This is a church where jeans prevail over dress pants, and women won’t look down on you for failing to acknowledge Jesus with a dress’ knee-length hemline.
This is a church where you walk in and people know your name. And if you’ve taken the time to ask, you know their names too. Debi. Petey. Tim. Joni. Louie. Colby. Claire. Rod. Kate. Danae. Ronnie. Katy. Geneva. John. Chris. Tiffany. Andrew.
In this church, we take time to connect over free-of-charge coffee and tea and pastries that a certain coffee chain kindly donates to our Sunday morning services. Kids race each other, ducking in and out of rows of maroon, cushioned chairs purchased for our building by the lively Spanish congregation that meets in our sanctuary in the evenings. A pair of three-year-old girls eye the Communion crackers that haven’t been eaten, and no one smacks their hands for wanting to participate in this symbolic reflection of remembering to come into union with Jesus.
I’ve learned so much from my church family and from a compassionate pastor who wears baseball jerseys and Doc Martens when it snows. I’ve learned nature is a gift, to be explored and enjoyed. I’ve learned to care for my body as well as my mind and spirit. I’ve learned to lead we must serve, and I’ve learned we must go beyond the church doors with love, hope, and mercy if we wish to see true change in the world.
I’ve learned it’s okay to be who I am. It’s okay to love nerdy books, and it’s all right to talk about how I was inspired by The Hobbit or The Dark Knight Rises or The Return of the Jedi.
In this church, I realized it’s okay to be angry and it’s okay to experience emotions. Then instead of exploding like a shaken soda can, it’s good to ponder these feelings, give them to God as David does in Psalm 4, and invite a friend to help you in your journey.
In this church, I have learned how true it is that it is not good to be alone. We need each other. We’re a community. It’s not an unhealthy dependency that demands we always function in stride. No, it’s a healthy unit, a working body, a family that knows when to give advice and when to simply share a story and when to provide a car when yours is broken down or make a meal to take home when you’re out of food or say a prayer that communicates I really do care and I will be thinking about you.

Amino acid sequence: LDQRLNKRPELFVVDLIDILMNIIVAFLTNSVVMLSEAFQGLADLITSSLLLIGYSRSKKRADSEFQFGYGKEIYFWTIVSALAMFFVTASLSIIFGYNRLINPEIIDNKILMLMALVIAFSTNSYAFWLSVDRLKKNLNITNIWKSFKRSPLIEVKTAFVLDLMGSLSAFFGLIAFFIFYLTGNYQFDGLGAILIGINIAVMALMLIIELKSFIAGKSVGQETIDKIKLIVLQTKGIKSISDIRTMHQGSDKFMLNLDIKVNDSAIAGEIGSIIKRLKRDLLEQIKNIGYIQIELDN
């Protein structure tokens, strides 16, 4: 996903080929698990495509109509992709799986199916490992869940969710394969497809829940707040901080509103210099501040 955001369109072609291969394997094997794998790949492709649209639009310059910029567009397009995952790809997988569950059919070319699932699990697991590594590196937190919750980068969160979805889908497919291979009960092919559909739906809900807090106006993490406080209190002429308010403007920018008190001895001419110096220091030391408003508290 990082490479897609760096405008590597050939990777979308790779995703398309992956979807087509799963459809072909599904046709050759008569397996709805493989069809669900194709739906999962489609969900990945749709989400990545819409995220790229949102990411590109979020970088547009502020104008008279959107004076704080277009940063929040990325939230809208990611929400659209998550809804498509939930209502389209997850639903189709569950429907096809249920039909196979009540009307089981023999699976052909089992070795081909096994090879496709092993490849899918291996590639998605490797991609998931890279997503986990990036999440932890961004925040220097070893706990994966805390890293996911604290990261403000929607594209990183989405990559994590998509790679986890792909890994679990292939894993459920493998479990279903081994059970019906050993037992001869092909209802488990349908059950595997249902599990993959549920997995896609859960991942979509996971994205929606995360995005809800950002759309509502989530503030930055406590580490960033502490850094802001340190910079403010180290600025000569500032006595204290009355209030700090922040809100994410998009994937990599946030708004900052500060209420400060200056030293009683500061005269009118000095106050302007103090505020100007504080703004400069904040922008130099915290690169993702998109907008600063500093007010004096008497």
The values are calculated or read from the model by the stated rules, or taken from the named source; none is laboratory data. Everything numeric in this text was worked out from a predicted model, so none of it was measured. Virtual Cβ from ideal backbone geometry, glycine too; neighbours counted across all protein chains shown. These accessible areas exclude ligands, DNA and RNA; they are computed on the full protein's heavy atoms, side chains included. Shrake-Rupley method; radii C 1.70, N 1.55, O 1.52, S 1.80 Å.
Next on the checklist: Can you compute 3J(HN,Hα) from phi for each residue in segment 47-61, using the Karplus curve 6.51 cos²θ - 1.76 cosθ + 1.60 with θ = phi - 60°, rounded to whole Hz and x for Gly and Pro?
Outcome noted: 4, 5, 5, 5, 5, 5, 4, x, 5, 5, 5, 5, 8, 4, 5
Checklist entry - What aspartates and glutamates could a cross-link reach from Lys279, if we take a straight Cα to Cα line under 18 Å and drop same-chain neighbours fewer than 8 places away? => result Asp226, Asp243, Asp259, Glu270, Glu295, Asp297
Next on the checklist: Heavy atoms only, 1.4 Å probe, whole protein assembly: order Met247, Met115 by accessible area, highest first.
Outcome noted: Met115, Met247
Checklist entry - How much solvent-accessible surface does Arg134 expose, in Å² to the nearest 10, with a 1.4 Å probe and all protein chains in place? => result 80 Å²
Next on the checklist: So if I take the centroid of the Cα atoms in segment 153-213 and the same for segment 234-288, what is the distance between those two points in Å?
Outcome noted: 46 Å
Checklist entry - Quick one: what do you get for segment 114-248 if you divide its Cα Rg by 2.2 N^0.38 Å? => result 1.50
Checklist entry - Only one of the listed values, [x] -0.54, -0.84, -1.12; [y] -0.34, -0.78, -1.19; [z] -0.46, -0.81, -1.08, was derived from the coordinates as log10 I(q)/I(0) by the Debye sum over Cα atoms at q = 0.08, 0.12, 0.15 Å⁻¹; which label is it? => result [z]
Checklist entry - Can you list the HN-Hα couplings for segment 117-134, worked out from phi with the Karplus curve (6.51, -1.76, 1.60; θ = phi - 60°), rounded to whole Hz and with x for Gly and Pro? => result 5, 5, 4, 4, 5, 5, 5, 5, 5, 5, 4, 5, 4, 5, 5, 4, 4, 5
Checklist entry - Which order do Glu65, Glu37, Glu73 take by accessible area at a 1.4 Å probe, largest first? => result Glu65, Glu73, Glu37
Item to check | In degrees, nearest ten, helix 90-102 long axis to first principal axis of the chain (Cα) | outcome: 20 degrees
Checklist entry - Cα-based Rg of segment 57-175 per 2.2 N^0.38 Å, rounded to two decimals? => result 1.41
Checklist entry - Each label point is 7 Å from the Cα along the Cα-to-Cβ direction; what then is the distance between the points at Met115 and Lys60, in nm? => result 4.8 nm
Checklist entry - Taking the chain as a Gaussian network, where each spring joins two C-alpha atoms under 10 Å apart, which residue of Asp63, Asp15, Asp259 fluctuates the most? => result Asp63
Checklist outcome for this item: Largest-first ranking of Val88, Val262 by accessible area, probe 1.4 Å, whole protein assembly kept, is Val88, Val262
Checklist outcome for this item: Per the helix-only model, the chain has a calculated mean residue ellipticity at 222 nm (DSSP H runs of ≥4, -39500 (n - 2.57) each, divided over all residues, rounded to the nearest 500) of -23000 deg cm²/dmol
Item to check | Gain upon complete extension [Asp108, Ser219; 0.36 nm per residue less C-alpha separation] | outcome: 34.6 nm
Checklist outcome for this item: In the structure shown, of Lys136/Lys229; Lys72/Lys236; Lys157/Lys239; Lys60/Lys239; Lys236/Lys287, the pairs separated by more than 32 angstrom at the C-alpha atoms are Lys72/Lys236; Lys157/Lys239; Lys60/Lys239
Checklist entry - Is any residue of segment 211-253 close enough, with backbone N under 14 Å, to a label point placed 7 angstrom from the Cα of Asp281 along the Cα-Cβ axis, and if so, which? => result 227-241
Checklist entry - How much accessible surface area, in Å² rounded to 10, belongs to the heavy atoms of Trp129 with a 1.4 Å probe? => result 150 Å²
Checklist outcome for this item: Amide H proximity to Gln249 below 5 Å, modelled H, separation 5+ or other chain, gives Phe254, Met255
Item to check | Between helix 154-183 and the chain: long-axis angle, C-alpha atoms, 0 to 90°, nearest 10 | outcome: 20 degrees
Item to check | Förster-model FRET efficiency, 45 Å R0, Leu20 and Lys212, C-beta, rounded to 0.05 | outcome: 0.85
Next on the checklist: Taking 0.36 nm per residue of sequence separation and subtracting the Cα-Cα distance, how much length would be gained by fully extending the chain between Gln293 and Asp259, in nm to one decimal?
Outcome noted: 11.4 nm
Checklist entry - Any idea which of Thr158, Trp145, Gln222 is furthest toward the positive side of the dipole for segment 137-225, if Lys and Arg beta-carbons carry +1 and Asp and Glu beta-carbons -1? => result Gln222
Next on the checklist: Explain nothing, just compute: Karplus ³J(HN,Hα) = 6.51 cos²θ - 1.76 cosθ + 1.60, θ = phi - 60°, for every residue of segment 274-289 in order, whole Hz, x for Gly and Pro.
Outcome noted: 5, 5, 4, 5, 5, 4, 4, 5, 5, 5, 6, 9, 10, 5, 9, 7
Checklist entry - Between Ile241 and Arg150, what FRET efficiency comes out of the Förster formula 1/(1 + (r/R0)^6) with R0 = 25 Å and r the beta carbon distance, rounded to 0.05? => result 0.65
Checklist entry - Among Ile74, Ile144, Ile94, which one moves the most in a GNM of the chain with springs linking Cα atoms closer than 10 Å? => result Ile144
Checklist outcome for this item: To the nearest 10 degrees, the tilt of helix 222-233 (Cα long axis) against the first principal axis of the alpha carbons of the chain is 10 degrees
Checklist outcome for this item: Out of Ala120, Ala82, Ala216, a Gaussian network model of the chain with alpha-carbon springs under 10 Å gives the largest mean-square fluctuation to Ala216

In this church, I have rediscovered my voice. I have discovered who I am. I have discovered what God wants of women—not for us to be quiet when we should speak—but for us to embrace who He created us to each be. Unique. Beautiful. Relational. Powerful. Unified with sisters and brothers.
In this church, I have overcome grief. I have survived the deaths of a friend and a family member, and I have seen healing power overwhelm my husband‘s sickness.
In this church, age doesn’t matter. I have been invited to the table of a couple who already have shared their fortieth wedding anniversary, and I have held hands with a child as she showed me plants in her family’s backyard. I have danced. I have sung. I have attended a rock show within these walls. I have seen people overcome thoughts of suicide. I have dreamed of days in the future, and I have been encouraged to continue.
In this church, I realized the power of God’s redemptive story. He loves me deeply, and He loves you. He wants relationship with us, and He wants to empower us to become people who pursue Him and care for those around us.
I’m still learning. My life does not reflect a complete picture of Jesus. But I hope when people see this church, they see a little piece of the puzzle we are working to complete.
In this church and beyond its walls, we all matter. We all contribute to the puzzle. And I’m looking to the box cover with its perfect example, to find where I fit in this design.
Photo credit: Debi Johnson (from my church) © 2012
Author: Ally Siwajian